Time for DHS to institute study halls

Time for DHS to institute study halls

DHS is unique from other public schools in its wide array of classes. However, while there is enough variety for students to choose from when picking their classes, many students find the idea of a free period, or study hall, very appealing. Not only would a break like this assist to lighten the burden for students with heavy workloads and an after-school sport or job, but it would also be a time for students to get extra help from teachers if they are not able to stay after school for the “Homework Hangout.”

Senior Annie Nguyen, who attended New Bedford High School her freshman year said, “I had a freshman seminar class at NBHS and that was basically a study hall. I loved it because I played field hockey and with practices ending late and taking pre-AP classes, I had so much work.” She mentioned that it was nice to have a period where she could just catch up on homework and study.

Dartmouth Middle School has academic support blocks when in reality grades are much more important in high school than middle school. Middle schoolers don’t have half the amount of work that high schoolers have.

Bishop Stang freshmen, sophomores, and seniors have a type of study hall available to students, sometimes depending on if it will fit into a schedule or not.

Free periods, like most privileges that are given, come with a sense of responsibility and trust that is instilled in the students. In the past, students haven’t been trusted by the administration. Therefore, they were not presented with the opportunity to prove themselves worthy of trust.

An honor system for trust and proper school conduct needs to be ratified between the students and the administration. If students feel a sense of liability and maturity, they may feel more inclined to put this block of free time to good use and be productive.

Junior James Casselle’s first worry was about the scheduling. “It would work best when we don’t have the block schedules. But, I don’t think it would really work when we only have four classes in a day.” He elaborated and said, “I mean, you wouldn’t have enough credits, you know.”

A block every day even sounds excessive, so perhaps a deal could be reached within the limits of an A-B schedule, such as the schedules that band, orchestra, and chorus have. This way, students could have either two or three days a week to go to teachers for assistance in studying and make up work. They could also get caught up on homework as well as work on school projects.

History teacher Elizabeth True said, “If it’s just kids doing what they want with no structure, it’s not going to work.”

Because each student at DHS has a different schedule, it can be challenging to meet with a partner with a conflicting schedule for a group project or to study together. On the other hand, if students share free periods, they would be able to meet together to work on their assignments without the added pressure of setting up an out-of-school meeting.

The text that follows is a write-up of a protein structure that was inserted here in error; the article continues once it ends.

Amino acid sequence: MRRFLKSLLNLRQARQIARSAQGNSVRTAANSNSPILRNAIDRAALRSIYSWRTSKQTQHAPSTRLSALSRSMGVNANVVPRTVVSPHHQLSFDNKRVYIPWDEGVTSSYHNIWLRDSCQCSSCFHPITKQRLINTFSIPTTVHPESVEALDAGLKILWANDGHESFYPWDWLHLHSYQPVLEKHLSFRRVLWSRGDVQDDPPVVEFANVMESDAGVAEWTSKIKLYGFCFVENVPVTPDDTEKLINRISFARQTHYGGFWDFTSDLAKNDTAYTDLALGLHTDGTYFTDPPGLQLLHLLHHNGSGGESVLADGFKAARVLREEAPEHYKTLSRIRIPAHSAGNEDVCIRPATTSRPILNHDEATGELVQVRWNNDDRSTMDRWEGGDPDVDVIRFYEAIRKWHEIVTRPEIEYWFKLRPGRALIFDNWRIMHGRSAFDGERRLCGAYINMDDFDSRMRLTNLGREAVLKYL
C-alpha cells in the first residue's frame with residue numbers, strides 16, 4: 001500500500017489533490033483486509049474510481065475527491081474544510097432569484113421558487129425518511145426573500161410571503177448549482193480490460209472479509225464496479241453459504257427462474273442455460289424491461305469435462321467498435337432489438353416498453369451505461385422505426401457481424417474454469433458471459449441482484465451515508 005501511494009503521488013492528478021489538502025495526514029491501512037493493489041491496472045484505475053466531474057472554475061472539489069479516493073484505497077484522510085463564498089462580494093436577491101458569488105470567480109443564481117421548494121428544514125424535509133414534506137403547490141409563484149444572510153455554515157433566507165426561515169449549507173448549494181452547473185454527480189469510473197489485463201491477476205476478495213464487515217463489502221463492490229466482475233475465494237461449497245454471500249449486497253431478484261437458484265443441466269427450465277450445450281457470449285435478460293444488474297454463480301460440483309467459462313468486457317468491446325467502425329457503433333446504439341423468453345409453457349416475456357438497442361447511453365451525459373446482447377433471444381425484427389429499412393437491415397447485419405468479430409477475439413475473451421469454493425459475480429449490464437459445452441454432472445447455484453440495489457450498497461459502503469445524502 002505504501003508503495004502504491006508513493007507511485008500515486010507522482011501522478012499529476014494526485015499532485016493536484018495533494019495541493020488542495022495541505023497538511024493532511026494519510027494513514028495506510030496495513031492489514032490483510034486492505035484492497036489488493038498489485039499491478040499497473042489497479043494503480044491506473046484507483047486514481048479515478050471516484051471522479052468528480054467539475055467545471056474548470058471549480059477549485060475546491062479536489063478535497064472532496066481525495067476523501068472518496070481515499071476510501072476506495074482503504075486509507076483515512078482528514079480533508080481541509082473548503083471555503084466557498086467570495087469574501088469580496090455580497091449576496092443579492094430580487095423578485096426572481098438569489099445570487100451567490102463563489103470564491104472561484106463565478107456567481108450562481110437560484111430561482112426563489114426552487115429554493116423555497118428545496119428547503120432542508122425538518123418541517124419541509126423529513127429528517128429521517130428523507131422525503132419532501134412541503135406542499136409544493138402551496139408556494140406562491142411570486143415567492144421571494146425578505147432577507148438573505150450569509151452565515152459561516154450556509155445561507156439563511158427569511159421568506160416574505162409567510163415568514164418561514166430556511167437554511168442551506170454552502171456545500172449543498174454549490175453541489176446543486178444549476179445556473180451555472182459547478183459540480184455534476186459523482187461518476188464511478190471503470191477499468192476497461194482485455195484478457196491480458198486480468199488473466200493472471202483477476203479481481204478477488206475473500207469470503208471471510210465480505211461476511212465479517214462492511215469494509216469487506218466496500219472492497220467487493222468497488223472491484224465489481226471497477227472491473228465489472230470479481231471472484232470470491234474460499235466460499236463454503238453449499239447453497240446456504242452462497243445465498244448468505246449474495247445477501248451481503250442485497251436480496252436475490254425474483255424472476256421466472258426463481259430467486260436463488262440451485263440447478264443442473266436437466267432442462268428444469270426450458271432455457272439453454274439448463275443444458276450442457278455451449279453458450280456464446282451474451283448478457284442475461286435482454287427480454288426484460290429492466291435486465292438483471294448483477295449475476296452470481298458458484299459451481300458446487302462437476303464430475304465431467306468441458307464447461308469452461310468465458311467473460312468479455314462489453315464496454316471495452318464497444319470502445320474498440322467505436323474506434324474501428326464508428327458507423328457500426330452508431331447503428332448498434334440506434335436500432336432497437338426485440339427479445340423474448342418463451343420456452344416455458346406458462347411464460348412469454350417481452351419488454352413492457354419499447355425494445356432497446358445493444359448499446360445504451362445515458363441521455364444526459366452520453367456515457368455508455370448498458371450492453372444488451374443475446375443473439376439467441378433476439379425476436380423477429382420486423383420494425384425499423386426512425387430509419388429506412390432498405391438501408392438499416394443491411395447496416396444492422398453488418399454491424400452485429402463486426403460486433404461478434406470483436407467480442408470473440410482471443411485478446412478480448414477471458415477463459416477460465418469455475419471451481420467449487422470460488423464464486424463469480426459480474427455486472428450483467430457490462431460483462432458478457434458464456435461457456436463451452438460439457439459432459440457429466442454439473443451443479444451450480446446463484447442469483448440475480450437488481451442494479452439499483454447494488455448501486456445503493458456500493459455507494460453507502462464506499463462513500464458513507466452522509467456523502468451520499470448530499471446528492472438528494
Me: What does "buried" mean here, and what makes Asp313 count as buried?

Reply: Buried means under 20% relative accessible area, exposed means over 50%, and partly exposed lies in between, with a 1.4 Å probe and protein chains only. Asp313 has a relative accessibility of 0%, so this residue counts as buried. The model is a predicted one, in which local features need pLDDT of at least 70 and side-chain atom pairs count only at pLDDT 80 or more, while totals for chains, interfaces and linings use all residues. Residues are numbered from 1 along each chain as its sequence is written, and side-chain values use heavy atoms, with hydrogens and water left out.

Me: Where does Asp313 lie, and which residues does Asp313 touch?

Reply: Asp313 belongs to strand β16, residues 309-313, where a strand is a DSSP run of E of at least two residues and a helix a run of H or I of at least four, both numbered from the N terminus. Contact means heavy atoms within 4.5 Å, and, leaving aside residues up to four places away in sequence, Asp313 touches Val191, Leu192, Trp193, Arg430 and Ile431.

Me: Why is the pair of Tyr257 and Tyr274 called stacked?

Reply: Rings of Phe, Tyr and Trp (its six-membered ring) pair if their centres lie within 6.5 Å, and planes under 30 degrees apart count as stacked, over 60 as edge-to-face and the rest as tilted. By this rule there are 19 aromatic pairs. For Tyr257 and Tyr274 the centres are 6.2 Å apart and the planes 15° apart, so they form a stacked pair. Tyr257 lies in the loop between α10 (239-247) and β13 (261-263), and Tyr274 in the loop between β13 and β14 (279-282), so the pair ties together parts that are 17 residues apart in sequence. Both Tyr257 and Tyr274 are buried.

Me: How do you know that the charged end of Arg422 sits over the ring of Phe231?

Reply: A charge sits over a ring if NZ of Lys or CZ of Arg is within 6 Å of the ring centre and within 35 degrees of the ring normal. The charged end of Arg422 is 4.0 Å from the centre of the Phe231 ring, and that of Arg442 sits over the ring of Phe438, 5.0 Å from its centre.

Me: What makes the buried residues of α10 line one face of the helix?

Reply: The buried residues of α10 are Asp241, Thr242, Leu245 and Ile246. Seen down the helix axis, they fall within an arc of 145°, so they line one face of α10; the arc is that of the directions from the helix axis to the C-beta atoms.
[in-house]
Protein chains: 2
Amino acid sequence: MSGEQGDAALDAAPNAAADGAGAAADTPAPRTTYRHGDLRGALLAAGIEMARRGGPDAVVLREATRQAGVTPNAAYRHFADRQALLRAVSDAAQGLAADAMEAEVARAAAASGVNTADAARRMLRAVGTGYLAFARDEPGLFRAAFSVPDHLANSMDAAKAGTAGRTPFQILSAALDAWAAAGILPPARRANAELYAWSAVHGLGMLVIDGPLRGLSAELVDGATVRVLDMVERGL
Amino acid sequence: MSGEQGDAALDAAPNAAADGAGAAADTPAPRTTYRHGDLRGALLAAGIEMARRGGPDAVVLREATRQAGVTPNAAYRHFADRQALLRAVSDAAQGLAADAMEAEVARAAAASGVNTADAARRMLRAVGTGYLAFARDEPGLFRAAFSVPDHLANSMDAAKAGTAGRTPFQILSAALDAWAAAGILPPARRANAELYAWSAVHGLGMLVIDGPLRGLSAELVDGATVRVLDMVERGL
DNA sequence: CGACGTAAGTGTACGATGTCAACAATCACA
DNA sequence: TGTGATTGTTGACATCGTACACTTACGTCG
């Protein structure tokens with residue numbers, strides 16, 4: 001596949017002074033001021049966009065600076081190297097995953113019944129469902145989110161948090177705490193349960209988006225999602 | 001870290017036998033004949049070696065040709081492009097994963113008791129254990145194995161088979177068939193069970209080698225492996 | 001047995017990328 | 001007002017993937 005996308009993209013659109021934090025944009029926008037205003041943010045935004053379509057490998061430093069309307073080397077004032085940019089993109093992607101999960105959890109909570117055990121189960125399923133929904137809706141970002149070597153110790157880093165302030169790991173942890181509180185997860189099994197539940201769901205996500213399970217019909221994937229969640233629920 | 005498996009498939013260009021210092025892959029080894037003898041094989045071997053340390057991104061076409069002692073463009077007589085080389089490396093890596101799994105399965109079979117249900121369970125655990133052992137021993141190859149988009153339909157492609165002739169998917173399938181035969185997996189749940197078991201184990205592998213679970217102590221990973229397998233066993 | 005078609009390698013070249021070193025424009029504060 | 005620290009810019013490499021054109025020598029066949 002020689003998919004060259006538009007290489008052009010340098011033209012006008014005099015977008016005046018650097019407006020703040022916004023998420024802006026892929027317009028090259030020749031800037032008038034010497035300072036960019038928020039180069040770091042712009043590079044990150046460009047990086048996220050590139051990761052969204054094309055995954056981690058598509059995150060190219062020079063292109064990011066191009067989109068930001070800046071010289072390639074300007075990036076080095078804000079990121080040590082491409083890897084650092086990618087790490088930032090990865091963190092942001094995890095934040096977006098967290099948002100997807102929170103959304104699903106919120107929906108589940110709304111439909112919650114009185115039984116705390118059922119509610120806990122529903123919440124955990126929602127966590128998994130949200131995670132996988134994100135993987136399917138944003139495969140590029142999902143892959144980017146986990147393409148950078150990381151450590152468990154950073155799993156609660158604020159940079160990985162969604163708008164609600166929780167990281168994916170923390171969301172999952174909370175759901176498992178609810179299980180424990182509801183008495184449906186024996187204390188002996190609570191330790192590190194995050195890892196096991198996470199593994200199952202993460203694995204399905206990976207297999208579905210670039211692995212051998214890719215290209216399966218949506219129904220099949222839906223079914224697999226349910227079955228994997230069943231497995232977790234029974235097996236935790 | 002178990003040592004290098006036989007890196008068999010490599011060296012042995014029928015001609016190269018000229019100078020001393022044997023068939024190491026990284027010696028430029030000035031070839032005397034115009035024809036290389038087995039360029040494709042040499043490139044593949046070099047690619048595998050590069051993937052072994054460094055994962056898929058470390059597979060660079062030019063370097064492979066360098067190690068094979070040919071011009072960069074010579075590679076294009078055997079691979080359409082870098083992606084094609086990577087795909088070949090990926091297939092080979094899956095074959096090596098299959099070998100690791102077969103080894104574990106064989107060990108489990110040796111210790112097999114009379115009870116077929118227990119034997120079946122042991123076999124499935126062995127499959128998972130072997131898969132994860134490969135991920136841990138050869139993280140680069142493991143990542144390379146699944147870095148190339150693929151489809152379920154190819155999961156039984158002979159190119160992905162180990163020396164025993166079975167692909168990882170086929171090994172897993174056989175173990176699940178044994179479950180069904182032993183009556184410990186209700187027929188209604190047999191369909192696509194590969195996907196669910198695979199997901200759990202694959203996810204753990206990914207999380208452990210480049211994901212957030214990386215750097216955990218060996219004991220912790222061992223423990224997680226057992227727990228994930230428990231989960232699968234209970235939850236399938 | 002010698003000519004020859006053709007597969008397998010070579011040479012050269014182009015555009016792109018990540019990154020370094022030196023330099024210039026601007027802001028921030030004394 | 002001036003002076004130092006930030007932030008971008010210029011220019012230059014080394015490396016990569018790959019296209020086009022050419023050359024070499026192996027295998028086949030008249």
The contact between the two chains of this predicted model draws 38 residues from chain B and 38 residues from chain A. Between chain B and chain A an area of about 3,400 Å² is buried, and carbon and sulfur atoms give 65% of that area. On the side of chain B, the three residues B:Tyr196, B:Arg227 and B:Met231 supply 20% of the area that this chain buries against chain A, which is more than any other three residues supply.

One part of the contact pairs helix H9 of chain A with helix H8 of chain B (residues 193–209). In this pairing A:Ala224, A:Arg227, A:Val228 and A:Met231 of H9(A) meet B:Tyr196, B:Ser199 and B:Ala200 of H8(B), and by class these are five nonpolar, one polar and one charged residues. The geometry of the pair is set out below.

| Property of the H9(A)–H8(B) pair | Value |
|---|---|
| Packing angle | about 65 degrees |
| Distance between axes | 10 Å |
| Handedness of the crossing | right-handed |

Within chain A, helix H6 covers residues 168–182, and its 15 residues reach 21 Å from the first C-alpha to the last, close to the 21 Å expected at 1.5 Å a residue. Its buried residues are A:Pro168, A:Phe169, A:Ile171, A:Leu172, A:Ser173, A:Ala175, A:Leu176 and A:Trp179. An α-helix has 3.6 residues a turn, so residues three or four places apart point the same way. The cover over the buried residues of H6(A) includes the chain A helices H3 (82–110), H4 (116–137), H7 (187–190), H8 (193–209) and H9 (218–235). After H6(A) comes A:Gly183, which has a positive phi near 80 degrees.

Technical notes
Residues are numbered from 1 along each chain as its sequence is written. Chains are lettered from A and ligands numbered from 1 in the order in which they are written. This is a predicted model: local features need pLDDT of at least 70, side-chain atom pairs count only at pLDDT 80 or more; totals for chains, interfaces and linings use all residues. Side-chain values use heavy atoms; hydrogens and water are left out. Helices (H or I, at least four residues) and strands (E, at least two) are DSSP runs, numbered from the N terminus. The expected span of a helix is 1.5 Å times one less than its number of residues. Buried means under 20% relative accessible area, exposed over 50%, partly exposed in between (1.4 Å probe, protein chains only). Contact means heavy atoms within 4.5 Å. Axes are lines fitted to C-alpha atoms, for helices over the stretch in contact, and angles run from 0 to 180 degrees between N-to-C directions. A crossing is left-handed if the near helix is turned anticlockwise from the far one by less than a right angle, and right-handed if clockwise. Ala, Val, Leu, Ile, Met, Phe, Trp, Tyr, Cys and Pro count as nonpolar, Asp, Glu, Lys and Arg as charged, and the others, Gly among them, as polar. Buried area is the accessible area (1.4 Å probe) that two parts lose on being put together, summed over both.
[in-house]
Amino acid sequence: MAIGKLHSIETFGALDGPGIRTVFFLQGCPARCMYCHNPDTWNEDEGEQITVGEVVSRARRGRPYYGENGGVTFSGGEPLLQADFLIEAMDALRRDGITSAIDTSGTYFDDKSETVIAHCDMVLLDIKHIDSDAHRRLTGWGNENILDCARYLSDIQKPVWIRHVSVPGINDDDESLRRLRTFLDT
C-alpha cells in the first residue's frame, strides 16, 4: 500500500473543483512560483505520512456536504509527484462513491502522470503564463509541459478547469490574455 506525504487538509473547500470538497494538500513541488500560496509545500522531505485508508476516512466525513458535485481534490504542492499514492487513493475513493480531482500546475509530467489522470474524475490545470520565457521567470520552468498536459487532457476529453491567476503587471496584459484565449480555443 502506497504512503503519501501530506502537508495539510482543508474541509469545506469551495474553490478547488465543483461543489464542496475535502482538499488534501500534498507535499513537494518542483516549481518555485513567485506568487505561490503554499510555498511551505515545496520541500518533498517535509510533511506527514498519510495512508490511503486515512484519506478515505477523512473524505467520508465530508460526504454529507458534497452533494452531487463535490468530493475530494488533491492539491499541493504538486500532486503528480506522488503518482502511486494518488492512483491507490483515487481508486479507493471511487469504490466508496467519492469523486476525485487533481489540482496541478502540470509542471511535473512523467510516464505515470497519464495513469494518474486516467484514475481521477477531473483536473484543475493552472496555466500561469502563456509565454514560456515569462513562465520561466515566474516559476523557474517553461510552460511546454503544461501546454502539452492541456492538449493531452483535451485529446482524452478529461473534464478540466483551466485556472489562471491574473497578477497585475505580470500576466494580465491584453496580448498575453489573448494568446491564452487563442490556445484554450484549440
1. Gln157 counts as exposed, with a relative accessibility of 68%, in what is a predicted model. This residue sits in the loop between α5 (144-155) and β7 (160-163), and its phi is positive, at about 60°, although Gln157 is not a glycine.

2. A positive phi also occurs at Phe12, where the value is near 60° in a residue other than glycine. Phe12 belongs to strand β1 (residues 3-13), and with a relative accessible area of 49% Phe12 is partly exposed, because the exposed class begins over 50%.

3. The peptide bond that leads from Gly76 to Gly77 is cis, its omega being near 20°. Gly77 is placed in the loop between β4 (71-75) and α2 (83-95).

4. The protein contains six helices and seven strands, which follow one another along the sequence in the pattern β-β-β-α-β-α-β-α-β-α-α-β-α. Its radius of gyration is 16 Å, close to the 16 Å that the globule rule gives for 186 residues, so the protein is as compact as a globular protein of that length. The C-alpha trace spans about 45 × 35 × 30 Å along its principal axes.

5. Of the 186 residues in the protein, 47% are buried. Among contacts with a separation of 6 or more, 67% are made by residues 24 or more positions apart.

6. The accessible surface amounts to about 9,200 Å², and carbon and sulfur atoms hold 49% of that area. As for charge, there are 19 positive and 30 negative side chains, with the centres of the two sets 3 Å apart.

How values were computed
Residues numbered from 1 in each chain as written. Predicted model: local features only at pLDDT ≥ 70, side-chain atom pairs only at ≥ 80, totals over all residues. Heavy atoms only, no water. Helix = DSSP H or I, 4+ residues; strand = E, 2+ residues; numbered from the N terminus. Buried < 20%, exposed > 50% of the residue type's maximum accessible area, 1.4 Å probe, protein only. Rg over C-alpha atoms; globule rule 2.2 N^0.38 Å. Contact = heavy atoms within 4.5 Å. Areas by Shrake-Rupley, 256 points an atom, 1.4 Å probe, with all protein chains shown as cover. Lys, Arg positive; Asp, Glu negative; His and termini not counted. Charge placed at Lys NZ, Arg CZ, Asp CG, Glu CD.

“My experience is often times students have directed study halls and they get passes to go places for example, the art room or the library, to do research,” said Principal John Gould. “I would like to see academic support classes because at the end of the day, it is all about ‘how do we schedule our day to best serve the kids?’ How do we get them help through struggles every day?”

Junior Keegan Espinola said, “I think that study hall should be a class that only the privileged kids can take.” It is easy to say that the students who have the best grades and take the hardest classes deserve study halls. In reality, the students who are struggling to keep their grades up may be the ones who need this opportunity the most.

If a student is struggling in a class, they should feel comfortable going to their teacher or guidance counselor to seek help.

Mr. Gould said, “To me, it’s a question of how do we best serve the students, and it is my job to entertain that question. We have to consider all of the stakeholders and have a conversation.”

Mr. Gould also suggested that we could possibly develop a sense of a directed study tutorial.

Signing up for a directed class that teaches study habits and allows kids to get work done within that period, is setting a standard for students. It would set apart the kids who would want to use their free time to goof off, and the kids who would take advantage of that precious time, be productive, and get work done. It would also assist the students who are struggling in classes to take initiative and work for better grades. Students of the class would also be able to learn valuable lessons about studying and time management that they could take with them throughout college and apply those skills later on in life.

A study hall would be beneficial to students with long days who are busy from 7 a.m. to 11 p.m. with academics, sports, clubs, and/or jobs. A study hall would also be beneficial for the students who are straining to keep up in a class and are willing to work hard for a decent grade.

Considering that a large portion of DHS students would fall into either of the two categories, study halls could be a successful edition to the course selection, as long as credits are given for it or the block scheduling system is removed.

Freshman Jake Sioch said, “I think a study hall would be really useful. Kids could do their homework, catch up on school assignments, and study efficiently with a teacher supervising.”